We have written extensively about this eruption. It opened a 70-km fissure, in the same region as Laki but with magma obtained from the other end of the region. The magma was sourced from Katla. There is some suspicion that Eldgja is the reason for the lack of any historical record of the settlement era (870-930) of Iceland. The eruption coincided with the end of this era (not accidentally, I expect), destroyed a coveted area of Iceland which was wooded and fertile at the time, and cut the travel links between east and west. If Laki reduced the population of Iceland by a quarter (through both death and migration), what did Eldgja do? We do not know. The settlers left us no diaries or stories, apart from suggestions that the imagery of Ragnarok was borrowed from Eldgja. Did everyone able to document the events die from it? That is entirely possible. Travel was agonizingly slow, and a sedentary population could easily have been overtaken by events. Farmers like to live near (but not too near) rivers. Lava would have come down from the highlands following those same rivers. Without communications, there would have been no warning of the streaming lava arriving in the dead of night.

Eldgja gives an obvious signature in many Greenland ice cores, in fact it is the largest ice core signal in the entire post-settlement sequence. Small tephra fragments were found in the ice core, and the composition matched those found on the ground around the Eldgja fissure. This proved the association of the sulphate spike with Eldgja. The ice now allowed us to precisely date the eruption.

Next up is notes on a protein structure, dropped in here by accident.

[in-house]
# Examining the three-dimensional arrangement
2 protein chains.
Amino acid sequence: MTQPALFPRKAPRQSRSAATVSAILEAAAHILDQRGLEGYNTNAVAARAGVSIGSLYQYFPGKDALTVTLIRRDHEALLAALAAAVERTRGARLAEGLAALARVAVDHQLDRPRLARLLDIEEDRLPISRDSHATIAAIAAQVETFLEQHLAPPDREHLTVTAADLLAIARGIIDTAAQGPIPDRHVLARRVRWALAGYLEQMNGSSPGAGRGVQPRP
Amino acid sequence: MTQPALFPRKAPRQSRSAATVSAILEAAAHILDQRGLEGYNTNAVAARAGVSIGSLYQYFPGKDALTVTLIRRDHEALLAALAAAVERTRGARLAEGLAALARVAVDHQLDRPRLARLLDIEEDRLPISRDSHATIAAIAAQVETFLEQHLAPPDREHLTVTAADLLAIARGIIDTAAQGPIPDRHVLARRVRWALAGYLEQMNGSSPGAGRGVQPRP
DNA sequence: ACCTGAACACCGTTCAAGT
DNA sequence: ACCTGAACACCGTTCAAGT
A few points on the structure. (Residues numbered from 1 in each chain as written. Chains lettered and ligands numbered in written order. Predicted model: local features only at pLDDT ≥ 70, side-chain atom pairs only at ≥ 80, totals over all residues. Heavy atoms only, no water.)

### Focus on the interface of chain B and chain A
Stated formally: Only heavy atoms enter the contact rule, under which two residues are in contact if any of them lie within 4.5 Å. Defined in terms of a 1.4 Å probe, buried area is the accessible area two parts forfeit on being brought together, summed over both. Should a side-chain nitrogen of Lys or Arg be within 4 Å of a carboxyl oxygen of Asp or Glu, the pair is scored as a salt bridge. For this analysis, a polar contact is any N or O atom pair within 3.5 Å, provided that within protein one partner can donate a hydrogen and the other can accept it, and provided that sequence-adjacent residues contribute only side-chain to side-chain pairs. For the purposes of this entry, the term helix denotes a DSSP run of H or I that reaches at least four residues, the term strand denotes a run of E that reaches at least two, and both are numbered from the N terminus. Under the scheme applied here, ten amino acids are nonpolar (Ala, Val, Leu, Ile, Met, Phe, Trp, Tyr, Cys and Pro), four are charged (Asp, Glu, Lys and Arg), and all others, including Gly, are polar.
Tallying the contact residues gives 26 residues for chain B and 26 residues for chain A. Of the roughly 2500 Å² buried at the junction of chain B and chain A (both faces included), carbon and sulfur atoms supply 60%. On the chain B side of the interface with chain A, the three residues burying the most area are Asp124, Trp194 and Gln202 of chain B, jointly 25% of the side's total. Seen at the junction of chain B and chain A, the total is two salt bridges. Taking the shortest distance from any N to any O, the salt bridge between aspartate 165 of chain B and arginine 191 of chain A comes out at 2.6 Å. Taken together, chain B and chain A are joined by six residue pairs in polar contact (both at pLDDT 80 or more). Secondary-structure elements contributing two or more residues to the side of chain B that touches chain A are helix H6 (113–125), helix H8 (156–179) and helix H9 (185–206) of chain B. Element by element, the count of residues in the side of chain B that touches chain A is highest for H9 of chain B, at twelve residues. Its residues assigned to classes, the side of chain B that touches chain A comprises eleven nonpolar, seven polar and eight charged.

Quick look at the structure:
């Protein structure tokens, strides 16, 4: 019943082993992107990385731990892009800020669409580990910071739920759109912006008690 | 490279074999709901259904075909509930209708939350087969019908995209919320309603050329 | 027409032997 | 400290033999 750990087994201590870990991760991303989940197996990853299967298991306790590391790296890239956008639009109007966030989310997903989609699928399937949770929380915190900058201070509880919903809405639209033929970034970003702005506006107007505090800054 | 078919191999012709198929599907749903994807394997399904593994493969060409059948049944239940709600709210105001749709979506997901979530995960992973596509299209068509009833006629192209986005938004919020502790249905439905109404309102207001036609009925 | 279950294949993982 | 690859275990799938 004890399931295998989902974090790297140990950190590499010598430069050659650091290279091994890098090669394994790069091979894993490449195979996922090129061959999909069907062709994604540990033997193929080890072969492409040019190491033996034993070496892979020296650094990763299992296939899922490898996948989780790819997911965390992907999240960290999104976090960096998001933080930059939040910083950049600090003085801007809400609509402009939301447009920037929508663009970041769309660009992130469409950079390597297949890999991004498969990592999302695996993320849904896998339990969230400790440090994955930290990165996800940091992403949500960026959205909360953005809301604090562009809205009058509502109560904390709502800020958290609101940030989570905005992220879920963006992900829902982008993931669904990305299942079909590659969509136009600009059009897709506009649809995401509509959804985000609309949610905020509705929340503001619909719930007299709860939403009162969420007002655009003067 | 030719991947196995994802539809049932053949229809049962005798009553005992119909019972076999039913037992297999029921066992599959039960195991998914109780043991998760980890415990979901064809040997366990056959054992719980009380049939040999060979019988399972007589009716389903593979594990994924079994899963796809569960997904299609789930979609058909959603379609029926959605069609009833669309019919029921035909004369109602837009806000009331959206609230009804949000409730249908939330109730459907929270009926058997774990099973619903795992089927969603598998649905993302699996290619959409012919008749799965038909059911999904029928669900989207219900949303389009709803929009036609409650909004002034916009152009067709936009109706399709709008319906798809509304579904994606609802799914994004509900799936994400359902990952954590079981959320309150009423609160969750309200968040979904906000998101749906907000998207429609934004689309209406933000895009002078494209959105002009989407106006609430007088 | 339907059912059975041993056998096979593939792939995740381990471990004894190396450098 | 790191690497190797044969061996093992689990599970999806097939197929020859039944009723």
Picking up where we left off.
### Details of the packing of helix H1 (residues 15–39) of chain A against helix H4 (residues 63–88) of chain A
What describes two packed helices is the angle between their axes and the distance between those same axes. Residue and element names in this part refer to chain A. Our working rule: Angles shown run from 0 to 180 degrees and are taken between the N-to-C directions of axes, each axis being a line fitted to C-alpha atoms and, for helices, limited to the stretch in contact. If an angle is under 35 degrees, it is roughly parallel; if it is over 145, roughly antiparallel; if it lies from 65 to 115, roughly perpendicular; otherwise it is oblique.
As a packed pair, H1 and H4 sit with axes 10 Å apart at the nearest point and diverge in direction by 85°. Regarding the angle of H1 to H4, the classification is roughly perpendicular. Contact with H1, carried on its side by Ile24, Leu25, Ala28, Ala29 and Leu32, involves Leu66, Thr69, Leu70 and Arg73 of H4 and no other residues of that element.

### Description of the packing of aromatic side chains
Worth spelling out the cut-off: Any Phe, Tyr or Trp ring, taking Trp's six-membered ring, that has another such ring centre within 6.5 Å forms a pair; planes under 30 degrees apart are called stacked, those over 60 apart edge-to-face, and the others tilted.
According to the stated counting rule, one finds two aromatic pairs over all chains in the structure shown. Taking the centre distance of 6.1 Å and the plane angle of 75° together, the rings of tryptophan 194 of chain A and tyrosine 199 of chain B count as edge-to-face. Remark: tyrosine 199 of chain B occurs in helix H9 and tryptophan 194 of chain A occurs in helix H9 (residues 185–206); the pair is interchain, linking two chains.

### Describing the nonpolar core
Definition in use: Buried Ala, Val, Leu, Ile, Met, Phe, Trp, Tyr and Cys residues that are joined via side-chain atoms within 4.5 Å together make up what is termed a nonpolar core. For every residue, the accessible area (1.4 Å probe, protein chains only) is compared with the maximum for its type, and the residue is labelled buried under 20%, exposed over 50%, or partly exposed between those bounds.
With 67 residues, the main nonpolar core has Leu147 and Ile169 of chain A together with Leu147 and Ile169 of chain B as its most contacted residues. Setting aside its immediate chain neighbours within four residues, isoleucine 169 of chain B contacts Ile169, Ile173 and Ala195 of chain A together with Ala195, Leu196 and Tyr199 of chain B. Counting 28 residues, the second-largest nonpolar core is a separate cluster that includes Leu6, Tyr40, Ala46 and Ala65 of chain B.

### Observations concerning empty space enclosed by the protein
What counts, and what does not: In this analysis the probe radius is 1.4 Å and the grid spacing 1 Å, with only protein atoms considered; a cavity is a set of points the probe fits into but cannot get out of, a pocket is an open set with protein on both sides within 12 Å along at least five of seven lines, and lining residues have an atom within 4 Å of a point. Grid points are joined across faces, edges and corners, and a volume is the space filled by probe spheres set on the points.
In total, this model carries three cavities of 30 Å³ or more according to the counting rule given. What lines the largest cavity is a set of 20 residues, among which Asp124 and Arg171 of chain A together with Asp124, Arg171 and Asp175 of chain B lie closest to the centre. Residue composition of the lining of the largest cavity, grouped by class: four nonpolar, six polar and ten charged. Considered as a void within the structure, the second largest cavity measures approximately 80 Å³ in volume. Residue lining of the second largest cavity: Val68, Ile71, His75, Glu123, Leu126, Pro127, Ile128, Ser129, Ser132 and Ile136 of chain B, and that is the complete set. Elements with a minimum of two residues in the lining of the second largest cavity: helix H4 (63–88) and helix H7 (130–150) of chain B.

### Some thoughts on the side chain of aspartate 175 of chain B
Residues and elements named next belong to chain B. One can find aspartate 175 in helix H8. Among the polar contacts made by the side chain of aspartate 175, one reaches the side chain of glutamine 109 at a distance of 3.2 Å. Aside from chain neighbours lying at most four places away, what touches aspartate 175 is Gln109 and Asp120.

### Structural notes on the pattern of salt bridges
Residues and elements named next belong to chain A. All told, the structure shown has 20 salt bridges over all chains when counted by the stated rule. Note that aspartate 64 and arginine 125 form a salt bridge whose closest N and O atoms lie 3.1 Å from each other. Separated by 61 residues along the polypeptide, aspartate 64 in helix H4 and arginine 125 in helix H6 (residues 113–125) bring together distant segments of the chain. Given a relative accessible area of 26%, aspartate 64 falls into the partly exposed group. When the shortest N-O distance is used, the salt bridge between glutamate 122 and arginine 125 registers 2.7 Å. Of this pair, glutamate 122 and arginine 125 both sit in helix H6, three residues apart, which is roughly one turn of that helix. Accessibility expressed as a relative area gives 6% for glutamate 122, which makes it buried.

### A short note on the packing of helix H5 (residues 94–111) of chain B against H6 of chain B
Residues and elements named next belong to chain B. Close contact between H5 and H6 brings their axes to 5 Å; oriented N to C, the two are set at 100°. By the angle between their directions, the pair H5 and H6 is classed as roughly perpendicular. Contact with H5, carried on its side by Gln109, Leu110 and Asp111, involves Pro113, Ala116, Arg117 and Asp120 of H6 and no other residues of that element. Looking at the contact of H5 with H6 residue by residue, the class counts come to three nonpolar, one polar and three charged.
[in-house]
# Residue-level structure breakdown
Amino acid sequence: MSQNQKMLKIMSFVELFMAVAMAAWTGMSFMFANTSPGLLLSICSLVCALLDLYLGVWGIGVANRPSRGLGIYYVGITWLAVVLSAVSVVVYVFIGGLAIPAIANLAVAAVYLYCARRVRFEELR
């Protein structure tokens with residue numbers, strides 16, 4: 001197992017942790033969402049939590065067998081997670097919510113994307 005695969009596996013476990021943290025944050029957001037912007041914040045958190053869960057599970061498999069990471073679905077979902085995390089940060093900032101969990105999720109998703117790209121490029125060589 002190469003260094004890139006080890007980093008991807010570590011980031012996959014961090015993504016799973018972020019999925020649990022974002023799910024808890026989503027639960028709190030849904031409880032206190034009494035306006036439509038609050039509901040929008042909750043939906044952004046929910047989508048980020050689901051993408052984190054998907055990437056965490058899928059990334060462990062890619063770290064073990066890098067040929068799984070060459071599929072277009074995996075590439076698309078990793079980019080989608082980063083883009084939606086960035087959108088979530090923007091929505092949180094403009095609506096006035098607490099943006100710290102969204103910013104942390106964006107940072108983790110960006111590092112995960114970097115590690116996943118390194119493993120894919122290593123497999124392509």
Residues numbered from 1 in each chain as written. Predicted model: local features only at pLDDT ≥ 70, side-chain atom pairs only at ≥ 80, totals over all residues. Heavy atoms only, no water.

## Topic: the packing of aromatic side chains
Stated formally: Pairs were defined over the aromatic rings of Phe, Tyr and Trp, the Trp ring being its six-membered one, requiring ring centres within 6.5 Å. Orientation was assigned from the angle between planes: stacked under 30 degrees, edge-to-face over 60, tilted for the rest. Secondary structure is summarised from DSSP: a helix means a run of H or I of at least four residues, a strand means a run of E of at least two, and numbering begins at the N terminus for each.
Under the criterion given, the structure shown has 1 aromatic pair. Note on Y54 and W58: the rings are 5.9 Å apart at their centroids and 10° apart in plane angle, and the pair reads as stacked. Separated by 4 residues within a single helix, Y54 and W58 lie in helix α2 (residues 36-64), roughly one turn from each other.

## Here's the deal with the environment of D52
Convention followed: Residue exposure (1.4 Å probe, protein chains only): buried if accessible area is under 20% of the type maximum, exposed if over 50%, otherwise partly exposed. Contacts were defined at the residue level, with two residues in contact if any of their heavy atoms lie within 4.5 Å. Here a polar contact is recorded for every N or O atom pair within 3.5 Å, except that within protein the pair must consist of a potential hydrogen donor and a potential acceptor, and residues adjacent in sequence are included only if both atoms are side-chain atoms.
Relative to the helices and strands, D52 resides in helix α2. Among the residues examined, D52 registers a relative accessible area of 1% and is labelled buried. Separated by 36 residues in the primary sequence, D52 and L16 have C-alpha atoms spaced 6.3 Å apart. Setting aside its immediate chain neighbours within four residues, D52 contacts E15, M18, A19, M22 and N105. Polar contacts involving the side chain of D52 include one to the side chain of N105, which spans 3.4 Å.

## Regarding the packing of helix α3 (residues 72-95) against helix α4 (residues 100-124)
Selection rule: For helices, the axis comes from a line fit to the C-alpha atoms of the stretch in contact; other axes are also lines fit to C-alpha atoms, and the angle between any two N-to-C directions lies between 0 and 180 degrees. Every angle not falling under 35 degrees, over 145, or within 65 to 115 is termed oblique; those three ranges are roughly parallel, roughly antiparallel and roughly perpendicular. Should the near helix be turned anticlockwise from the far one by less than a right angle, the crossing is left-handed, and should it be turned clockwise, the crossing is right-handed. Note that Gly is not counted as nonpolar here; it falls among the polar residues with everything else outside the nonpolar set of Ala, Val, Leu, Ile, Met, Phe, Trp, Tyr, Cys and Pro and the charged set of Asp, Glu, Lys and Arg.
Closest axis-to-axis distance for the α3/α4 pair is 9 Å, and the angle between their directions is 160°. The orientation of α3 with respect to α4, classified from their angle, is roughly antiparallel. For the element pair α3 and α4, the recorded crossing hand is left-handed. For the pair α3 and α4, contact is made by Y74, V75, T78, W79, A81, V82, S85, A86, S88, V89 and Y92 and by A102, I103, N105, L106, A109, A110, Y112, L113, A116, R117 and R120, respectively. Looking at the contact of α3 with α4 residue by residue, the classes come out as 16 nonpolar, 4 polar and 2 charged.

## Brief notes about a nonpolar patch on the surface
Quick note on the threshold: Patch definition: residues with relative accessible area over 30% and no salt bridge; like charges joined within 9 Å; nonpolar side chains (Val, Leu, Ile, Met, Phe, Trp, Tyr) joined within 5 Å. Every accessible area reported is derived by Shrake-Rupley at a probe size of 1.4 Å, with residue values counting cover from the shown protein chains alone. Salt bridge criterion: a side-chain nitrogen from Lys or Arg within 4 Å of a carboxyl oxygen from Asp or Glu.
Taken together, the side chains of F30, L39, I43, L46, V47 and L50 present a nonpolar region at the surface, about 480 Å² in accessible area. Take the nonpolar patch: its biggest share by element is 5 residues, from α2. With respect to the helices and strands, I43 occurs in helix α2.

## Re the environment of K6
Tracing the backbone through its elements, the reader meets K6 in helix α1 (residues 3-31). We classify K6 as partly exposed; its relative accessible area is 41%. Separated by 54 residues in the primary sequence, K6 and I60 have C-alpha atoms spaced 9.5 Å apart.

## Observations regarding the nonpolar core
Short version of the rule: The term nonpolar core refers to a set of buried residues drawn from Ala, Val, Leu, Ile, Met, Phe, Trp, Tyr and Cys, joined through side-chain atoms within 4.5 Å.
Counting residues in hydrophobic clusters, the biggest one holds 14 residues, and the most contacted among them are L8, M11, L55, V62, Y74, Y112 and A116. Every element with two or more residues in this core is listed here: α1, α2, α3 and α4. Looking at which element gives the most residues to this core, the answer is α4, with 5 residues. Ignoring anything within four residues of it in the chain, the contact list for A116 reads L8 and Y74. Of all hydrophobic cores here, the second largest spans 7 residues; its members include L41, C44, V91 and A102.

Click on image for full resolution

All three Greenland ice cores show the extreme spike. It is even (very faintly) seen in Antarctica. That goes against expectation. Eldgja was effusive, with limited explosions. At 20km3 of lava, it put a massive amount of sulphate in the lower and middle atmosphere but little or none in the stratosphere. The wind spread the sulphate across the north and to the tropics. Here, being in the troposphere it passed below the barrier of the stratosphere to make the forbidden crossing into the southern hemisphere. This Icelandic fissure eruption could be smelled over the entire globe. No other eruption could have done this: it took a massive amount of tropospheric sulphate to travel that far. This is perhaps a warning how bad a proper flood basalt would be: such an event could poison the air everywhere in the world.